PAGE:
For Those Who Don’t Watch “Mad Men”
As television rose to dominance in the 1950’s, marketers turned to sponsorship to promote products: (e.g. “The Colgate Variety Hour”). In addition to the opening announcement, the star of the show would often appear on-screen during the show “break” to promote the marketers’ product, thereby integrating the content (editorial) with commercial message to produce branded content. The line between the show (content) and the commercial (advertising) was intentionally blurred, as in this ad for Pall Mall cigarettes, starring actor Lee Marvin from the popular “M Squad” tv crime show of 1957 – 1960.
Television studios pitched their show concepts to ad agencies, who then sold the sponsorships to their big brand clients. Sometimes, the concept flowed in reverse: the ad agency called the tv networks to ask for a show based on a client’s needs. Either way, there was always a tension between the content producers and the sponsors. TV show creatives were understandably nervous that their work would be seen as too commercial if the brand’s messaging was too heavy-handed; marketers worried that their brand would not get enough visibility, or that the message would be lost if it was not clearly stated and repeated often. Star performers were reluctant to “sell-out” and would often find ways to fulfill these contractual obligations while having a bit of fun with the audience, as in the opening minute of this clip from “The Buick-Berle Show.”
The Big Flip
The mid-1970’s ushered in an era of clear separation of editorial content and advertising, driven in part by a resurgence in journalism ethics and growing audience cynicism following Watergate, the Vietnam War and the 1950’s tv quiz show scandals.
Déja Vu: Sponsored Content Returns
Fast-forward to 2013, and clients are once more being invited to “co-operate on the creation of content” aka, branded content. As reported by the The NY Times and AdWeek OMD media hosted a first-of-its-kind “auction day for branded content.” Brands from 40 blue-chip companies took part, and bid for content using hand-held paddles bearing the words “plan” (we’re interested in this project ) and “brief” (not interested in this pitch, but we’d like to give you a brief—i.e. our own idea— to work from). Among the advertisers present were PepsiCo, FedEx, State Farm, GE, Toys R Us, Levi’s and JCPenney. According to OMD, “every client in attendance bid on at least one content producer’s ideas, and every producer had multiple client bids.” That’s a success by anyone’s standards.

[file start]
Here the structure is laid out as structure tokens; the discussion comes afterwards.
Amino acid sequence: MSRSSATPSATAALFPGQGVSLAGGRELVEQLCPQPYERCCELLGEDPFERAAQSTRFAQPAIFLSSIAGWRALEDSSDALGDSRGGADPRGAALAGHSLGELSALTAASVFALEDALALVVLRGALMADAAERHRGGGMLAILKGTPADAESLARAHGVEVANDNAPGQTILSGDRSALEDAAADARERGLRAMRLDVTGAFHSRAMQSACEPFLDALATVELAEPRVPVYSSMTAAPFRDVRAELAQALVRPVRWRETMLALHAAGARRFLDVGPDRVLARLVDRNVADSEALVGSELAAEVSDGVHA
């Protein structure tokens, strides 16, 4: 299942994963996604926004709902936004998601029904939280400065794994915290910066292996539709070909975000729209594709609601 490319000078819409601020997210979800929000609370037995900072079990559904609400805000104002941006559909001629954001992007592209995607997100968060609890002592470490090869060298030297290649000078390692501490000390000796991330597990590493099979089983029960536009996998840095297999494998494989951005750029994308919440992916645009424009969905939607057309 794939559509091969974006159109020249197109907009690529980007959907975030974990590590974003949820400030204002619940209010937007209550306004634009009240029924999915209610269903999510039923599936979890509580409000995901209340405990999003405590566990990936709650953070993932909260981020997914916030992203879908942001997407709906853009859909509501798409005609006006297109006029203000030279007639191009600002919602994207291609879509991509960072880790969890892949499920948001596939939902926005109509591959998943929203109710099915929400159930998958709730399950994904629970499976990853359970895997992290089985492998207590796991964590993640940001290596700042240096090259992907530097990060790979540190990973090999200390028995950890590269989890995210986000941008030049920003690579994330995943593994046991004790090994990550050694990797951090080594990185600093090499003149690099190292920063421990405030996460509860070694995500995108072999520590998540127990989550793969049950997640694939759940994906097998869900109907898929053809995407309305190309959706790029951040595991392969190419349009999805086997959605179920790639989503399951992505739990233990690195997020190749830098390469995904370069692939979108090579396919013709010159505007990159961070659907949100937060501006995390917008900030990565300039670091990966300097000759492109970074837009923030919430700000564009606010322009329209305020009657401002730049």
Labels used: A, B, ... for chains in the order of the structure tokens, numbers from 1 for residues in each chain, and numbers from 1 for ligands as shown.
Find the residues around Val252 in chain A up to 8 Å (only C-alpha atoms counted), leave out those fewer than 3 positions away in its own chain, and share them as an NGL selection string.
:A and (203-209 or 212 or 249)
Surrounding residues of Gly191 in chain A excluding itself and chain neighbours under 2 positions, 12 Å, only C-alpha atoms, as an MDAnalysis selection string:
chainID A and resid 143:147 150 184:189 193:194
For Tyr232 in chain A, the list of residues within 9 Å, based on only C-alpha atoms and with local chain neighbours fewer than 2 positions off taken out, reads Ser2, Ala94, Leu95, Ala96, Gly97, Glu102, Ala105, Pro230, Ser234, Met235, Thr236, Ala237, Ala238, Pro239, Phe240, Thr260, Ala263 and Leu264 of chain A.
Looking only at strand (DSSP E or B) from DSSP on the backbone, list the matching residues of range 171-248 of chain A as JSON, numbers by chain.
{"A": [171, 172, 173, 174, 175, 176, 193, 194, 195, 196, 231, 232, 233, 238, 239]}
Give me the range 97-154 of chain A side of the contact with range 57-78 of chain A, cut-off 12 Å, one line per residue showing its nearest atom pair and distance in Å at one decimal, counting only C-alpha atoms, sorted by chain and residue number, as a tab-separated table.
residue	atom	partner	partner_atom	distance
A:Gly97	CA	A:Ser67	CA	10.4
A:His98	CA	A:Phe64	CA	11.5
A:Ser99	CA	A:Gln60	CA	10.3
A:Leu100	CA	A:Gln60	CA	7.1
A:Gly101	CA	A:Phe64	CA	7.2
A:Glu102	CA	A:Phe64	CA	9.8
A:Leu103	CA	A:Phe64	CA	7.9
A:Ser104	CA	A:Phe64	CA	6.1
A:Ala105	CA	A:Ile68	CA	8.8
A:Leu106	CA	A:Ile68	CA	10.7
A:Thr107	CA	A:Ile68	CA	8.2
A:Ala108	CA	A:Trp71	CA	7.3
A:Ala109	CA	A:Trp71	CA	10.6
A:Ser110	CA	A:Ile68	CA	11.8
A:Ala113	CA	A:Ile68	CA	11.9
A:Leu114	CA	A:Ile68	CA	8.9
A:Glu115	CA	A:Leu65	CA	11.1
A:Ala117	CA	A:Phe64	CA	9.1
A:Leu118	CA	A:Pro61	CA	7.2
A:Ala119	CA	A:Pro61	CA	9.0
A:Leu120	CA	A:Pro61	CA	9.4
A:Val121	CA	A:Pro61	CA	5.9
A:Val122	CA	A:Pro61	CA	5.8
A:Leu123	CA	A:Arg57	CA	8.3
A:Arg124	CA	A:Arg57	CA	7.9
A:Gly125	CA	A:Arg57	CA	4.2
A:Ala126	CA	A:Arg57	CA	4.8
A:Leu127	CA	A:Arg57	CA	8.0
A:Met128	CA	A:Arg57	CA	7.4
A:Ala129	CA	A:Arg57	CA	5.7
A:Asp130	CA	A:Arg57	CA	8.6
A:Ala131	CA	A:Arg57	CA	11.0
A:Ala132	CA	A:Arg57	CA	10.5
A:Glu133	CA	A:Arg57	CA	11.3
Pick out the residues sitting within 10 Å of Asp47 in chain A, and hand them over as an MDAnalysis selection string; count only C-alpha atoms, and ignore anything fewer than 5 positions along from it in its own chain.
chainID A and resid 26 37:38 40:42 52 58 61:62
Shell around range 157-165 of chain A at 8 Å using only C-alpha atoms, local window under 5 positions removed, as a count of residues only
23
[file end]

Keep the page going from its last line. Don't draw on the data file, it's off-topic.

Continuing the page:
The Big Difference in 2013
The difference between 1950 and 2013 is that this branded content will be broadcast across multiple channels (internet, tv, print, etc) and to a global audience. That makes the global contracts for talent, especially celebrity negotiations, that much more complicated (fret not, we can help you with that).
The Silver Lining
Content producers no longer have to worry quite so much about the quality of their work declining due to the heavy hand of the marketer. Why? The myriad choices available to consumers via the ’splinter-net’ guarantees that only the most entertaining content will survive. That puts a greater emphasis on story-telling than ever before—and more pressure on the creatives to produce great stuff. Audiences now vote with clicks, and smart marketers already know from their online metrics that branded content drives a lot more traffic and attention than hard-sell pitches. Overt messaging is dead. Story-telling is back in fashion. And that means higher quality advertising all around. And that makes everyone happy.